Lockheed Martin — which bought an early version of such a computer from the Canadian company D-Wave Systems two years ago — is confident enough in the technology to upgrade it to commercial scale, becoming the first company to use quantum computing as part of its business.
But if it performs as Lockheed and D-Wave expect, the design could be used to supercharge even the most powerful systems, solving some science and business problems millions of times faster than can be done today.
Ray Johnson, Lockheed’s chief technical officer, said his company would use the quantum computer to create and test complex radar, space and aircraft systems. It could be possible, for example, to tell instantly how the millions of lines of software running a network of satellites would react to a solar burst or a pulse from a nuclear explosion — something that can now take weeks, if ever, to determine.
Vern Brownell, D-Wave’s chief executive, who joined D-Wave in 2009, was until 2000 the chief technical officer at Goldman Sachs. “In those days, we had 50,000 servers just doing simulations” to figure out trading strategies, he said. “I’m sure there is a lot more than that now, but we’ll be able to do that with one machine, for far less money.”
The processor of a quantum computer at D-Wave Systems’ lab in Burnaby, British Columbia.
Nextbigfuture has had extensive coverage for years of Dwave Systems and the adiabatic quantum computers that they make.
There is an article and podcast discussion at Physics World with Geordie Rose, CTO of Dwave and other researchers who are working on different quantum computer systems. Participants include John Martinis of the University of California, Santa Barbara; Raymond Laflamme of the University of Waterloo in Canada; John Preskill of the California Institute of Technology; and Charles Marcus – who was at Harvard when the recording was made but who is now at the Niels Bohr Institute in Denmark.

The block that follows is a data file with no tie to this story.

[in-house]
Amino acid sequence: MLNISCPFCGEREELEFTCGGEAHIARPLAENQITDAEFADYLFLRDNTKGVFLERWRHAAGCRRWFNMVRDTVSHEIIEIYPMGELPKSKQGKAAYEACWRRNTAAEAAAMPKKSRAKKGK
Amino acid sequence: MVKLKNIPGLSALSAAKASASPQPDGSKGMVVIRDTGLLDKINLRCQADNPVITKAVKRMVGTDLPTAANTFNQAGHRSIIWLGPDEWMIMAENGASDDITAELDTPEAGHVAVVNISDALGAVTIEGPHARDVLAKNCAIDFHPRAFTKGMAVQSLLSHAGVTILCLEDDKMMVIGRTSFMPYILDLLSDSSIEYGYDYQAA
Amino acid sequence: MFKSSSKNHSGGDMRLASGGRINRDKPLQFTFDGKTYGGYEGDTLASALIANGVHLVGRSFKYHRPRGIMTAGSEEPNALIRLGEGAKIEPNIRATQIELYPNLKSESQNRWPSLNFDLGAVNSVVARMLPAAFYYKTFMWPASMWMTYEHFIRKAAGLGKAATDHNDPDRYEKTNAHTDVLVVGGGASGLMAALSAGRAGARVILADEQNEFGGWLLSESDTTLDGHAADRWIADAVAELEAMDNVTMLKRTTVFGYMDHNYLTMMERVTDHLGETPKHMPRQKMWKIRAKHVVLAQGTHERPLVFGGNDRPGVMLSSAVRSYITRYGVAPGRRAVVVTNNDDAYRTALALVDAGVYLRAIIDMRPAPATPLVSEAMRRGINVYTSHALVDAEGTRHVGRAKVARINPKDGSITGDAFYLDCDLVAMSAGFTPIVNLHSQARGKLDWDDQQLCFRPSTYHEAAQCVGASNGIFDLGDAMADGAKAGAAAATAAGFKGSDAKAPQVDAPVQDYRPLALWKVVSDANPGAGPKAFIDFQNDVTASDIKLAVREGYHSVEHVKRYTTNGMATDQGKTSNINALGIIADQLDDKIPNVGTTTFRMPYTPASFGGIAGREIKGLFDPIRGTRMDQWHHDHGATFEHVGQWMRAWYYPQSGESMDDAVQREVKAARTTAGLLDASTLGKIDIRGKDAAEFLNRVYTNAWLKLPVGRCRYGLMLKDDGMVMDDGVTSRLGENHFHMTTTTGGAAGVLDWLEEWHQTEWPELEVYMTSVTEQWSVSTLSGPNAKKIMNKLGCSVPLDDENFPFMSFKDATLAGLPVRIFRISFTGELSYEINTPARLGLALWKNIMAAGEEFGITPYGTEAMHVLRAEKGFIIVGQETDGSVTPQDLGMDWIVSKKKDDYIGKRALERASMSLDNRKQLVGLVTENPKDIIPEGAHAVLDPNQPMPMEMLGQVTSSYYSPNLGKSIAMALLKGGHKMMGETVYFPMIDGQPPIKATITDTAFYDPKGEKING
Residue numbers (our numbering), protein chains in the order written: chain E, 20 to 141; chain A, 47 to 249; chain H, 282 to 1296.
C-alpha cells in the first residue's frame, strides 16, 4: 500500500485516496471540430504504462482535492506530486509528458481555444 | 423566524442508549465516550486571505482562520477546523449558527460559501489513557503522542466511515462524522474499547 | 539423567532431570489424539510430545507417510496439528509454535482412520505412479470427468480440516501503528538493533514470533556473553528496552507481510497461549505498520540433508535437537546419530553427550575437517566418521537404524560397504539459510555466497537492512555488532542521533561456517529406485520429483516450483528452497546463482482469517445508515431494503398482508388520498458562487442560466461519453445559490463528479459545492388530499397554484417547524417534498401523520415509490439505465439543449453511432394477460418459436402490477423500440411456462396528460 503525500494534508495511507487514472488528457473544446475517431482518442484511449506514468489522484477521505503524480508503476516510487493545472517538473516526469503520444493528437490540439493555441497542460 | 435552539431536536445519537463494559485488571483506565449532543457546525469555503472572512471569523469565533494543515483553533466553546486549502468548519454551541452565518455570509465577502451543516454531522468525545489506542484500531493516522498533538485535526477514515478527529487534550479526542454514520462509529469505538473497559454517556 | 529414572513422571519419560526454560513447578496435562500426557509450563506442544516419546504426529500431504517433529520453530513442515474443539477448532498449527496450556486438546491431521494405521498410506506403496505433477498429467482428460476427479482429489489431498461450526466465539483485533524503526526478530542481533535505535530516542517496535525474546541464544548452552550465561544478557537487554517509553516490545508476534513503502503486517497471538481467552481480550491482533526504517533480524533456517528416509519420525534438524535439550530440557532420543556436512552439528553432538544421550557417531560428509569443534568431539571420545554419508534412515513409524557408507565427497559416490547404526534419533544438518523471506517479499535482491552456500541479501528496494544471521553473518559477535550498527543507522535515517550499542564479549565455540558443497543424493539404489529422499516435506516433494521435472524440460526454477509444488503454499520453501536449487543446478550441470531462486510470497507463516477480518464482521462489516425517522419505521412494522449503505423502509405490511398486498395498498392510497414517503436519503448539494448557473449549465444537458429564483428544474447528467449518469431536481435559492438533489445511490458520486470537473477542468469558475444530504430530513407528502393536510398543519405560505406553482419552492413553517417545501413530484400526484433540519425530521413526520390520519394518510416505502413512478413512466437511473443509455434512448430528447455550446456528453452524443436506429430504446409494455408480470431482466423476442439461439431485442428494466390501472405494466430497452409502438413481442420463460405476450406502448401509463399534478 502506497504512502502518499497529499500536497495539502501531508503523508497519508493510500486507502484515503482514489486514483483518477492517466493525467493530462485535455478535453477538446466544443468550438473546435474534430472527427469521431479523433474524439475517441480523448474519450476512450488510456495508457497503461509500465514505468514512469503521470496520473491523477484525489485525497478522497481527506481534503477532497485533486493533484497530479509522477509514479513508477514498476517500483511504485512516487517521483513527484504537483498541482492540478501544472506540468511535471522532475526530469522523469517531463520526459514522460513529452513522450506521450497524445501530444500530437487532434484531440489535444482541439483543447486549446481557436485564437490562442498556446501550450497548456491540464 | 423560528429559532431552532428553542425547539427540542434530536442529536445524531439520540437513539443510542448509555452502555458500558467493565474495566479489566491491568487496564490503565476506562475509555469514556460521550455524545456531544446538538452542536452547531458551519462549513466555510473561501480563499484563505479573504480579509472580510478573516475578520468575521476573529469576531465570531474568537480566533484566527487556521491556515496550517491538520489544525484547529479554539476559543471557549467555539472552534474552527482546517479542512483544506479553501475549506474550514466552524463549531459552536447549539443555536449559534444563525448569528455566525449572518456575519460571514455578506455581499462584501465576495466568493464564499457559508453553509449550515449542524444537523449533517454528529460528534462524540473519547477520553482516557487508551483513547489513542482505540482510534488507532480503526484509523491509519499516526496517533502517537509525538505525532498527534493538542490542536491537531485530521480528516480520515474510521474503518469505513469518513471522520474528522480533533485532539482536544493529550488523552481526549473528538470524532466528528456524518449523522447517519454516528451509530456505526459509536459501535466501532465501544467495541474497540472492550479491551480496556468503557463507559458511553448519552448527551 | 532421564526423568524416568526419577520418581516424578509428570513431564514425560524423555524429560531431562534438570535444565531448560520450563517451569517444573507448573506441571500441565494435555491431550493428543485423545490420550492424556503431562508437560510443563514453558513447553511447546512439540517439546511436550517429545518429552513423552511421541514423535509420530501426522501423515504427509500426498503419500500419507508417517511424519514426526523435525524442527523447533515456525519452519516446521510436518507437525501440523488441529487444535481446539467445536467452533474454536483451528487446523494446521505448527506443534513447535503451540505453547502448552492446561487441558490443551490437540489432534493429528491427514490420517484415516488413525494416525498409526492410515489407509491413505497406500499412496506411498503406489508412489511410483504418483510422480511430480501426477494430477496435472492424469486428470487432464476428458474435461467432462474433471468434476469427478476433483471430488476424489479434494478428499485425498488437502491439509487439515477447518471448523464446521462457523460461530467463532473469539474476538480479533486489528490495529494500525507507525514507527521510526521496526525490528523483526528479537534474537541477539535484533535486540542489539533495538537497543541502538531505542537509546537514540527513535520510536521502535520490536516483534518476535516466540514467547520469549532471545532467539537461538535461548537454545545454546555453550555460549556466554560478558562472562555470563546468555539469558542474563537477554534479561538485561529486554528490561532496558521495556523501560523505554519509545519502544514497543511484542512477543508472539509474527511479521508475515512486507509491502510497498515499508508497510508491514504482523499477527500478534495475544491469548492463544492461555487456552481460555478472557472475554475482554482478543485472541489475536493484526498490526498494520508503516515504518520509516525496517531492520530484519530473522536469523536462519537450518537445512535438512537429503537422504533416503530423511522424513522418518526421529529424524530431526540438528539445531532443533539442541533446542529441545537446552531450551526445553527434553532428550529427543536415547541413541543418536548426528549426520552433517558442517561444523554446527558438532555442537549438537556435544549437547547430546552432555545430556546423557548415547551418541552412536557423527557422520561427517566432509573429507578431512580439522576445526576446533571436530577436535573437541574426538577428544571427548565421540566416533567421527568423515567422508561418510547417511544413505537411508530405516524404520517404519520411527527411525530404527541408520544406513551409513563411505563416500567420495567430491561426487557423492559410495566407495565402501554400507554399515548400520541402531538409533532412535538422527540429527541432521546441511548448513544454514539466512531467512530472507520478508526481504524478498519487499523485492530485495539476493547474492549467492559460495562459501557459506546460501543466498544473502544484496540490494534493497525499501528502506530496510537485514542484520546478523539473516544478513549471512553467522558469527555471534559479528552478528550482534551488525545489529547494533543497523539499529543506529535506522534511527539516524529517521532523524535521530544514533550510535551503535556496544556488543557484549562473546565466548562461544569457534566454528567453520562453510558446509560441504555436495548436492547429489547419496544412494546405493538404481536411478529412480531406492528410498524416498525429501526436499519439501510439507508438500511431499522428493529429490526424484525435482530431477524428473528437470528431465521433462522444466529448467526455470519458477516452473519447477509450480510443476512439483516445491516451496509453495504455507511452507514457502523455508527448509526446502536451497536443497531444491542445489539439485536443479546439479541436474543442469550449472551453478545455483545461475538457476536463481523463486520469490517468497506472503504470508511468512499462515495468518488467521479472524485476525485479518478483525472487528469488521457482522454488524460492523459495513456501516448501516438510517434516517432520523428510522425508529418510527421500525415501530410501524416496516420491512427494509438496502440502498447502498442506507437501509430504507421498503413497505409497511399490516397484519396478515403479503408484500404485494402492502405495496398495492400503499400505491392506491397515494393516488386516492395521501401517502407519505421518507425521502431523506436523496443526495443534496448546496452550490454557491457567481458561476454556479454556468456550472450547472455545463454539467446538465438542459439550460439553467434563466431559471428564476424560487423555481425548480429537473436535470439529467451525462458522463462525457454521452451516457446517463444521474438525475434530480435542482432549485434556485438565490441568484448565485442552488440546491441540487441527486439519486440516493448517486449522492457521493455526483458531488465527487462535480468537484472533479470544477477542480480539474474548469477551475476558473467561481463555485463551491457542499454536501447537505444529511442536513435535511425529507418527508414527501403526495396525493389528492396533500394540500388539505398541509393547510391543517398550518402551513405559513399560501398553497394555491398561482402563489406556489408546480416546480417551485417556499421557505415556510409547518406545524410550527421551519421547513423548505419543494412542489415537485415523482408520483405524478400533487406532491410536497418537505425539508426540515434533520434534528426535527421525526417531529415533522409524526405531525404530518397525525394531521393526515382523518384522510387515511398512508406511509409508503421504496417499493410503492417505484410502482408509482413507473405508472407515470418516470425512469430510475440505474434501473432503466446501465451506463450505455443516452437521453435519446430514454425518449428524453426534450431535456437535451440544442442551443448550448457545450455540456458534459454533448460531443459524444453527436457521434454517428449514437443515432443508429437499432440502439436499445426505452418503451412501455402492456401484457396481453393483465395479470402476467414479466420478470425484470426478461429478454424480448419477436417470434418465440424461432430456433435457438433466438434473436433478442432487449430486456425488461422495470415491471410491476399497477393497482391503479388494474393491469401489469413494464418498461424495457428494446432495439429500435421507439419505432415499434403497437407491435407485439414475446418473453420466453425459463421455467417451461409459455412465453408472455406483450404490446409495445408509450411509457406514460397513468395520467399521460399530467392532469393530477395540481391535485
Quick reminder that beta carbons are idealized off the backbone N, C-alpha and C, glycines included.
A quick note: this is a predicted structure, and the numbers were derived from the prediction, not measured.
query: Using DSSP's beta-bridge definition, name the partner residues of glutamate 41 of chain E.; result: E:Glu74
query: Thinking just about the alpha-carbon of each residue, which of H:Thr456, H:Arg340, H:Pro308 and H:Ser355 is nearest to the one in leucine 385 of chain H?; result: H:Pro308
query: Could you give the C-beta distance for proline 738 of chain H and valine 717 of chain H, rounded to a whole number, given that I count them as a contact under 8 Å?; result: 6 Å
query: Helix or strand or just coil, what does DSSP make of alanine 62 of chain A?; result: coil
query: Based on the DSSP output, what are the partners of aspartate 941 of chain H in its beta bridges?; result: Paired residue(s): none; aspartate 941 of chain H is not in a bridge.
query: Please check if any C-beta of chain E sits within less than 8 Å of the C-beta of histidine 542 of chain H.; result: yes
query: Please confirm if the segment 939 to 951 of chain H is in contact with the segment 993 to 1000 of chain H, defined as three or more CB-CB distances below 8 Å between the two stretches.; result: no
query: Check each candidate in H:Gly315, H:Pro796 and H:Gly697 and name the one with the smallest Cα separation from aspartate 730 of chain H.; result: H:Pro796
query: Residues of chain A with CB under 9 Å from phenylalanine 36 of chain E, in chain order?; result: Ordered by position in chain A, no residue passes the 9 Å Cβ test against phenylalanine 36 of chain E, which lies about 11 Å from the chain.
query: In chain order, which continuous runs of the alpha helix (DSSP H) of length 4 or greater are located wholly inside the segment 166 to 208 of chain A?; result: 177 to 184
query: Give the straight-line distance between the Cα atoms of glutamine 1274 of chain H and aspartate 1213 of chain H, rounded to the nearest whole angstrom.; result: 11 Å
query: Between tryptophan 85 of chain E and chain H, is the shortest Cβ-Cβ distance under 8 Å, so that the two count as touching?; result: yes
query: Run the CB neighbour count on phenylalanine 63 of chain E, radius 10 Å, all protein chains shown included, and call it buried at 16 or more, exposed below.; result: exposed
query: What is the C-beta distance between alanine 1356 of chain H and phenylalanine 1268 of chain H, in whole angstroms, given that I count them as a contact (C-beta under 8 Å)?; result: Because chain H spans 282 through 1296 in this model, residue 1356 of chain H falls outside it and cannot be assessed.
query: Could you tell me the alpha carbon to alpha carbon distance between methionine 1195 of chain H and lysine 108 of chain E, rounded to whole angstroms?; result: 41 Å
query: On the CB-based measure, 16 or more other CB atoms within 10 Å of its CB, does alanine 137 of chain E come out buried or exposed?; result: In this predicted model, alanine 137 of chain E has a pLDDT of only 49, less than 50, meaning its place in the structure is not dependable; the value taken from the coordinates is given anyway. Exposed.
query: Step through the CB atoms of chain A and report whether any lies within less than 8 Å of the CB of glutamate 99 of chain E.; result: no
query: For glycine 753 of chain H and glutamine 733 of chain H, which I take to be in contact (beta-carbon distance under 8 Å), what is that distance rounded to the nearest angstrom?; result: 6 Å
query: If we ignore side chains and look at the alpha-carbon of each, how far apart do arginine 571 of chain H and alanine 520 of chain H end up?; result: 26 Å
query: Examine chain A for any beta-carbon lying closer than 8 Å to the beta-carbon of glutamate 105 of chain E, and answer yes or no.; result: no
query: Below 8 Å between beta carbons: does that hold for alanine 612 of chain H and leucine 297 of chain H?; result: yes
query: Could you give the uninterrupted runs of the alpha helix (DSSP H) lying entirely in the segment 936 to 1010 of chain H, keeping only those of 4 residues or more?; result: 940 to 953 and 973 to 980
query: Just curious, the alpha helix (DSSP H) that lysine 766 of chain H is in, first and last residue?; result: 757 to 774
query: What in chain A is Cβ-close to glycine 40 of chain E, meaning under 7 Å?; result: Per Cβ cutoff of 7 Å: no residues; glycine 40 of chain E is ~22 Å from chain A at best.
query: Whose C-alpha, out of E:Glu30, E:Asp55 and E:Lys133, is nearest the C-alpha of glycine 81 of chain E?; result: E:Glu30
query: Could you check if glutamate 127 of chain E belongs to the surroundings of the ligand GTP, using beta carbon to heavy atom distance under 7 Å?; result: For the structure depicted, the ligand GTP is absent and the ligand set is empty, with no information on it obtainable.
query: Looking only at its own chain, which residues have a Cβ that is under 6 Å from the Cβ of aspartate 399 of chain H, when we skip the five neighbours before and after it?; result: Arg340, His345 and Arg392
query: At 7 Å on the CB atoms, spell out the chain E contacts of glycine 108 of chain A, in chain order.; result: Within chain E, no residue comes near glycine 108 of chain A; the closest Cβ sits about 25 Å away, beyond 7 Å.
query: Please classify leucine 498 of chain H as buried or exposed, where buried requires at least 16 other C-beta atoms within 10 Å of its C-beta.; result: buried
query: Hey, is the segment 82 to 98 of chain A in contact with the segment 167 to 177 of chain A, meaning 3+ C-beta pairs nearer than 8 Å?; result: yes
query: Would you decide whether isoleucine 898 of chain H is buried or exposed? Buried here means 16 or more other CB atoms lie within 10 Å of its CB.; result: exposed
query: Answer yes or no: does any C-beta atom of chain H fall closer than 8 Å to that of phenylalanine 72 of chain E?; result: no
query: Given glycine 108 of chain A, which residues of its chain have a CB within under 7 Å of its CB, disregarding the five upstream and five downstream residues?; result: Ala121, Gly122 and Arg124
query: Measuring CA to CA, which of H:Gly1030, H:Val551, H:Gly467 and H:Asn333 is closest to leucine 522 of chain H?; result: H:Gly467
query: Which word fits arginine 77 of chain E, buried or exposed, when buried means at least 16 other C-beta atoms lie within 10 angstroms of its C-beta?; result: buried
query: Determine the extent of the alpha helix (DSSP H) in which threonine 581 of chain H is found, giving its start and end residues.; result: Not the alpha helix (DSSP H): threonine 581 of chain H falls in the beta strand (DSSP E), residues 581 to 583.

While most experts agree that practical quantum computers are some way off in the future, I also spoke to Geordie Rose, who is co-founder of Canada’s D-Wave Systems, which claims to have already built – and sold – quantum processors. While Rose says that the firm’s processors are currently being used to develop practical commercial applications, he also thinks that ultimately they may even have more artistic uses.
Quantum researchers “are taking a step out of the theoretical domain and into the applied,” said Peter Lee, the head of Microsoft’s research arm, which has a team in Santa Barbara, Calif., pursuing its own quantum work. “There is a sense among top researchers that we’re all in a race.”
If Microsoft’s work pans out, he said, the millions of possible combinations of the proteins in a human gene could be worked out “fairly easily.”
There are a variety of ways scientists create the conditions needed to achieve superposition as well as a second quantum state known as entanglement, which are both necessary for quantum computing. Researchers have suspended ions in magnetic fields, trapped photons or manipulated phosphorus atoms in silicon.